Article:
Like I said on the earlier thread (on the yellow vests), the ICC's application of standards isn't consistent. In case of the "Arab spring" there was even a greater amount of waving of national flags, but that didn't stop the ICC from giving it enthusiastic support (and this support was one of the reasons for some Turkish comrades in the minority to be critical). Jk1921 brings up the concept of "subterrean maturation of consciousness", which in my view is a flawed concept which can be used to support any kind of movement, but he's right to throw it in the ICC's face (so to speak). As to the petty-bourgeois presence, let's remember that Mohamed Bouazizi, who put himself on fire in Tunisia which started the protests, was himself a street vendor. It is obvious that the petty-bourgeoisie covers a wide range of people, including those close to the living conditions of workers. Macron's speech, which made (pseudo-)concessions on purchasing power, is proof that even the bourgeoisie understands that the yellow vests are now, or at least run the risk to become, driven by the working class. I'm all for ruthless critique of movements, this is the task of communists, but you have to be consistent then.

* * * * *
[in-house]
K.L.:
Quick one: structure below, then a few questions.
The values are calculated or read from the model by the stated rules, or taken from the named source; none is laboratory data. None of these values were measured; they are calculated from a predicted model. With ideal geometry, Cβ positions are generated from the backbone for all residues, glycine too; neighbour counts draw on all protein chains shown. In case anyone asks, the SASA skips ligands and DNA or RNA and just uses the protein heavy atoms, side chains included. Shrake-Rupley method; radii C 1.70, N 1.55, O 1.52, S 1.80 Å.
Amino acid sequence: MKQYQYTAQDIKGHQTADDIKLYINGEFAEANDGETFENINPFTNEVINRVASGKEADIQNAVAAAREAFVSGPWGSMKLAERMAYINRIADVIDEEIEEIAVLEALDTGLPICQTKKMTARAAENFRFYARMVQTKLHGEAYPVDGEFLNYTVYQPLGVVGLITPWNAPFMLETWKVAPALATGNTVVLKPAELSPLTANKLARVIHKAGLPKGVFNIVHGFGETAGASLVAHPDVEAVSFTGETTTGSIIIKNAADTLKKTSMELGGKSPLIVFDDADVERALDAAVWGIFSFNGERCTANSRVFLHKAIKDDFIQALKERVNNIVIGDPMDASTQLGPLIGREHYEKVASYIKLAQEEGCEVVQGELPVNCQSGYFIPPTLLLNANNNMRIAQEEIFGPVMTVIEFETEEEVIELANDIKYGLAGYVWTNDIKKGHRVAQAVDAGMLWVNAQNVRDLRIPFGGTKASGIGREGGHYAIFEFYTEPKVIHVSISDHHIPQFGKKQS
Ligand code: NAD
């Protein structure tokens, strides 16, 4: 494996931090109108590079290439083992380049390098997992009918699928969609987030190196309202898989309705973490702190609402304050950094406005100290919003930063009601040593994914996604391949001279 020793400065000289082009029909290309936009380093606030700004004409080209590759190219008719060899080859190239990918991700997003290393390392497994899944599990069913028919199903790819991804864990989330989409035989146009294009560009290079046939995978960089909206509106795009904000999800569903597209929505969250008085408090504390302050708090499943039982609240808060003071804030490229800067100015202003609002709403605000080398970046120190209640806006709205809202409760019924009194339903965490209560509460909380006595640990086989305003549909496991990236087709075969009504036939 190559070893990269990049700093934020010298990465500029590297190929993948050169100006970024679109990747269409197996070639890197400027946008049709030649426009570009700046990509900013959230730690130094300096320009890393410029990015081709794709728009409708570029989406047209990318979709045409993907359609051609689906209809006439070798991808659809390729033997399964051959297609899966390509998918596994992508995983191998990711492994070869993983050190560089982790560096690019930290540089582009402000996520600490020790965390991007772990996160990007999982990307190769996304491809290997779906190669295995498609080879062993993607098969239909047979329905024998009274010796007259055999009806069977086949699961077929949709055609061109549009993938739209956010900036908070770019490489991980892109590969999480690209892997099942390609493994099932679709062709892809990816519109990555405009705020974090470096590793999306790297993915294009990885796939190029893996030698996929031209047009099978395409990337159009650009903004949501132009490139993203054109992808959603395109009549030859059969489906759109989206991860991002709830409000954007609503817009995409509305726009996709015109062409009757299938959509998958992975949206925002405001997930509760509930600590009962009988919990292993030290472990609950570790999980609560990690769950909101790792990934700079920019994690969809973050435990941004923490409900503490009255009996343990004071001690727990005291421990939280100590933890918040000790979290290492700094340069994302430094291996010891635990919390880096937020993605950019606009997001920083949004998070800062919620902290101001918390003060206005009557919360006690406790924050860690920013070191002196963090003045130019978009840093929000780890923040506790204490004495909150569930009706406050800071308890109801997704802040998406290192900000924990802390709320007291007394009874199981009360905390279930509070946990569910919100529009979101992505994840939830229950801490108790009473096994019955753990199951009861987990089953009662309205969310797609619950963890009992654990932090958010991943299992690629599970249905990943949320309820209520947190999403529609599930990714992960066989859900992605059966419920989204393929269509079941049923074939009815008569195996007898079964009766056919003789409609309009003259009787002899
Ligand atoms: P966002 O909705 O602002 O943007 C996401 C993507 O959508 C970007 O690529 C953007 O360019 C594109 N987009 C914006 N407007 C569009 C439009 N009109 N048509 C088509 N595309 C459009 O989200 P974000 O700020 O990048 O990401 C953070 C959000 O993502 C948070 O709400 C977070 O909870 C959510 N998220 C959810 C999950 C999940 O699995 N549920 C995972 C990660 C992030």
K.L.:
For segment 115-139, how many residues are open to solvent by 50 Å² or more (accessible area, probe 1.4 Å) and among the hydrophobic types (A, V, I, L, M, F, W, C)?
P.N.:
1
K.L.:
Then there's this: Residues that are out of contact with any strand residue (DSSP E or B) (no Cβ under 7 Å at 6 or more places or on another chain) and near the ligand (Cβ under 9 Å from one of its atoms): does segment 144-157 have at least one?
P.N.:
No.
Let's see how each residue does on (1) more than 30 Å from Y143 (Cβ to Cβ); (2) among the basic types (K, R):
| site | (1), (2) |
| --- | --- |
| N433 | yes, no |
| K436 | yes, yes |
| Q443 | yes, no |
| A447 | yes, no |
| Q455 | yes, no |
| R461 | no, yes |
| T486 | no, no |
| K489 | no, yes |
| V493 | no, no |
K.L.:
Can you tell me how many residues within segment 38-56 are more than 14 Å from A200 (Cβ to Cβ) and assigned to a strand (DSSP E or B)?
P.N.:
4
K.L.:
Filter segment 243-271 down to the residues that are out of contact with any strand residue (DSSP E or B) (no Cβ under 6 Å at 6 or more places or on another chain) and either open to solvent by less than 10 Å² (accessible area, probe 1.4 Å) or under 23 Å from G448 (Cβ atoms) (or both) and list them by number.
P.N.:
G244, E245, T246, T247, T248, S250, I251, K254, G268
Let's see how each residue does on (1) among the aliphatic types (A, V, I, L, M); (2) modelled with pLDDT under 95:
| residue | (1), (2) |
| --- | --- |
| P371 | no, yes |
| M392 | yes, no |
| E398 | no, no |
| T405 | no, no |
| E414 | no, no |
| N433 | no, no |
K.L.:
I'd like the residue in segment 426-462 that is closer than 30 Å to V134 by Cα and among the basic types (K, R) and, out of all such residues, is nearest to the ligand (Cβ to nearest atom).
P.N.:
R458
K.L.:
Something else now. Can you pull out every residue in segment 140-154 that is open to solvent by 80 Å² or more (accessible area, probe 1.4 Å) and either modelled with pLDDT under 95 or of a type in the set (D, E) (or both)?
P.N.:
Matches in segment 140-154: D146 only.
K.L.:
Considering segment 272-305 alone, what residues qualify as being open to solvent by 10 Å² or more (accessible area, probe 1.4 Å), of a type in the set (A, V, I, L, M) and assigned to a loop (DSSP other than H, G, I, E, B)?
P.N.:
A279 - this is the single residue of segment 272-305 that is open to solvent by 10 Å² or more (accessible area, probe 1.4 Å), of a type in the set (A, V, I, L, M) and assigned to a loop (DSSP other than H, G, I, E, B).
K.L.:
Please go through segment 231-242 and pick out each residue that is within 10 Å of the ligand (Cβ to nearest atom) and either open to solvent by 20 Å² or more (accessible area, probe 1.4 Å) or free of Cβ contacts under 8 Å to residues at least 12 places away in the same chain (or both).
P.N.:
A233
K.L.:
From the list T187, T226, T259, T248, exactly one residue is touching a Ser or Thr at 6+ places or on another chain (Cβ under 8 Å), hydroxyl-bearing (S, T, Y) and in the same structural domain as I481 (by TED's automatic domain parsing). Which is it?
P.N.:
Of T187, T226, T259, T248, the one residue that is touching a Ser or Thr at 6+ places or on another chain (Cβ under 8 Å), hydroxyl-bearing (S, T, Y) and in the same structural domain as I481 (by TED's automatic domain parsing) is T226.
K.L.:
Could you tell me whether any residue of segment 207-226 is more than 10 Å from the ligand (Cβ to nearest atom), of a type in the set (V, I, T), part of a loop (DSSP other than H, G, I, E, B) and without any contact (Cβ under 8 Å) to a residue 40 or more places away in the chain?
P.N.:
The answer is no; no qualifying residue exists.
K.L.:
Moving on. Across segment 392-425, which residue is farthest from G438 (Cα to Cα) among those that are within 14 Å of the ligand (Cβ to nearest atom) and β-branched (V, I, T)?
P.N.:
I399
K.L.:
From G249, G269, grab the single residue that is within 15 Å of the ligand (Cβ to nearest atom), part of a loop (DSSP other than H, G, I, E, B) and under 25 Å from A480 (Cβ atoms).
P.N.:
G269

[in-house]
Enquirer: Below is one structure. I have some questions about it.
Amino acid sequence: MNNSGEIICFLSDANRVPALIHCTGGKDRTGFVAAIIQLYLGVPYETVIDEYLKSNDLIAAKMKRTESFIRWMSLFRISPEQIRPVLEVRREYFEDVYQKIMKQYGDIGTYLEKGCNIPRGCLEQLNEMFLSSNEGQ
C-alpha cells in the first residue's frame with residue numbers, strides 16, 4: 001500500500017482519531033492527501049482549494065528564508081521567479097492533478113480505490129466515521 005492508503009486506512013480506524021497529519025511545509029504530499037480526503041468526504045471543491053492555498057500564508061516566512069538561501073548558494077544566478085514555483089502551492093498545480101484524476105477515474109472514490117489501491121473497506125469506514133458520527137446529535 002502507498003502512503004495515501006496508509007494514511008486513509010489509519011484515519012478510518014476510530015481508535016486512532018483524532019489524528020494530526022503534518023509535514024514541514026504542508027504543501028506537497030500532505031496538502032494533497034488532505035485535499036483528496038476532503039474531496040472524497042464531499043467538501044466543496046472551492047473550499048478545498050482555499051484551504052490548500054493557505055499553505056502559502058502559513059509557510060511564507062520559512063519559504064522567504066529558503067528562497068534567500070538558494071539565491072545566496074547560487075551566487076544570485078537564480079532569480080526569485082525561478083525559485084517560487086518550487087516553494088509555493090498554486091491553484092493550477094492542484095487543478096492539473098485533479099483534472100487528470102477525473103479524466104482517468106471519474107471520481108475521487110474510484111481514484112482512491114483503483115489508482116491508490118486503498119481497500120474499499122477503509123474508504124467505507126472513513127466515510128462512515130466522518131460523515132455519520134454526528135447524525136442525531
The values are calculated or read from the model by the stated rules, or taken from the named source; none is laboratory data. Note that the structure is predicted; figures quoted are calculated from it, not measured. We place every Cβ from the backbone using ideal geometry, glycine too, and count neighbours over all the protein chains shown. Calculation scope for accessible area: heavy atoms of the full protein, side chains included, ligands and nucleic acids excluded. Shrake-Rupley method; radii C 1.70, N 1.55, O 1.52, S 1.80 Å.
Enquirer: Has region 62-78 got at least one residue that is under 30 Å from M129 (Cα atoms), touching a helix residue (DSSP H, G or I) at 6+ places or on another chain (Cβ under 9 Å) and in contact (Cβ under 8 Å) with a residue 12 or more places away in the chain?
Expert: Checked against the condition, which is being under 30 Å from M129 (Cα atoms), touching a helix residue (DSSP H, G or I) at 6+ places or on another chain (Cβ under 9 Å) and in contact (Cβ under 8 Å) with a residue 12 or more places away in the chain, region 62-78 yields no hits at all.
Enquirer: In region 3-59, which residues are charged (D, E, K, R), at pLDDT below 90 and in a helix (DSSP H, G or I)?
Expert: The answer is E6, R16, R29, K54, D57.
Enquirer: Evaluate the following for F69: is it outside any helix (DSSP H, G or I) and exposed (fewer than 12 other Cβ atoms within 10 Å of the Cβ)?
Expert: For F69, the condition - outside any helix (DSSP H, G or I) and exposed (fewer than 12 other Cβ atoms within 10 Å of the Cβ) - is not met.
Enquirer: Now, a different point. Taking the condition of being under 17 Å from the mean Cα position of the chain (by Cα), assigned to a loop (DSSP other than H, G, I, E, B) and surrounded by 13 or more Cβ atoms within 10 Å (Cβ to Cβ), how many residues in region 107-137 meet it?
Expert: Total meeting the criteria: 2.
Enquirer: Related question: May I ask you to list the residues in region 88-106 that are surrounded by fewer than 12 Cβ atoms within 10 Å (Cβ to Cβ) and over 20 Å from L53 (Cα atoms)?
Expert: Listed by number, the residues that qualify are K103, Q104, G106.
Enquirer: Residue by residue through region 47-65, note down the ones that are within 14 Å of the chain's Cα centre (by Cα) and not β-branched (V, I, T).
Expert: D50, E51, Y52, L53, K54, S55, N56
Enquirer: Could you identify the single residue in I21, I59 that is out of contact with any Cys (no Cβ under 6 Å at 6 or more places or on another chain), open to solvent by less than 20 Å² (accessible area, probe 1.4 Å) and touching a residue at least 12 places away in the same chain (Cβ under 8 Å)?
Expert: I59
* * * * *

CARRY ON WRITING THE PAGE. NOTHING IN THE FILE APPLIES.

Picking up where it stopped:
About the protests being held on each Saturday (which by this point gets to be a repititive), I think it was said that this was perhaps due to the protesters being workers, who cannot afford to miss work (and paycheck) on a week day. If they are to stay independent of unions, they can't rely on their strike funds. Perhaps this is also a practical reason for why workers act as "atomised citizens". To act as a really independent class, it would be basically necessary to go on an indefinite general strike, and to win an insurrection against the forces of power. I don't think the ICC falls into such "immediatism", I think it wants (as always) to see workers committees of action, etc. But in practice, as intervention by militants, this amounts to basically the same "enthusiatic" position of the WSWS (whose position, like Tagore said, it is interesting to contrast with the ICC). So in a sense, it doesn't matter what our differences are (even leaving aside the pseudo-argument about our small numbers).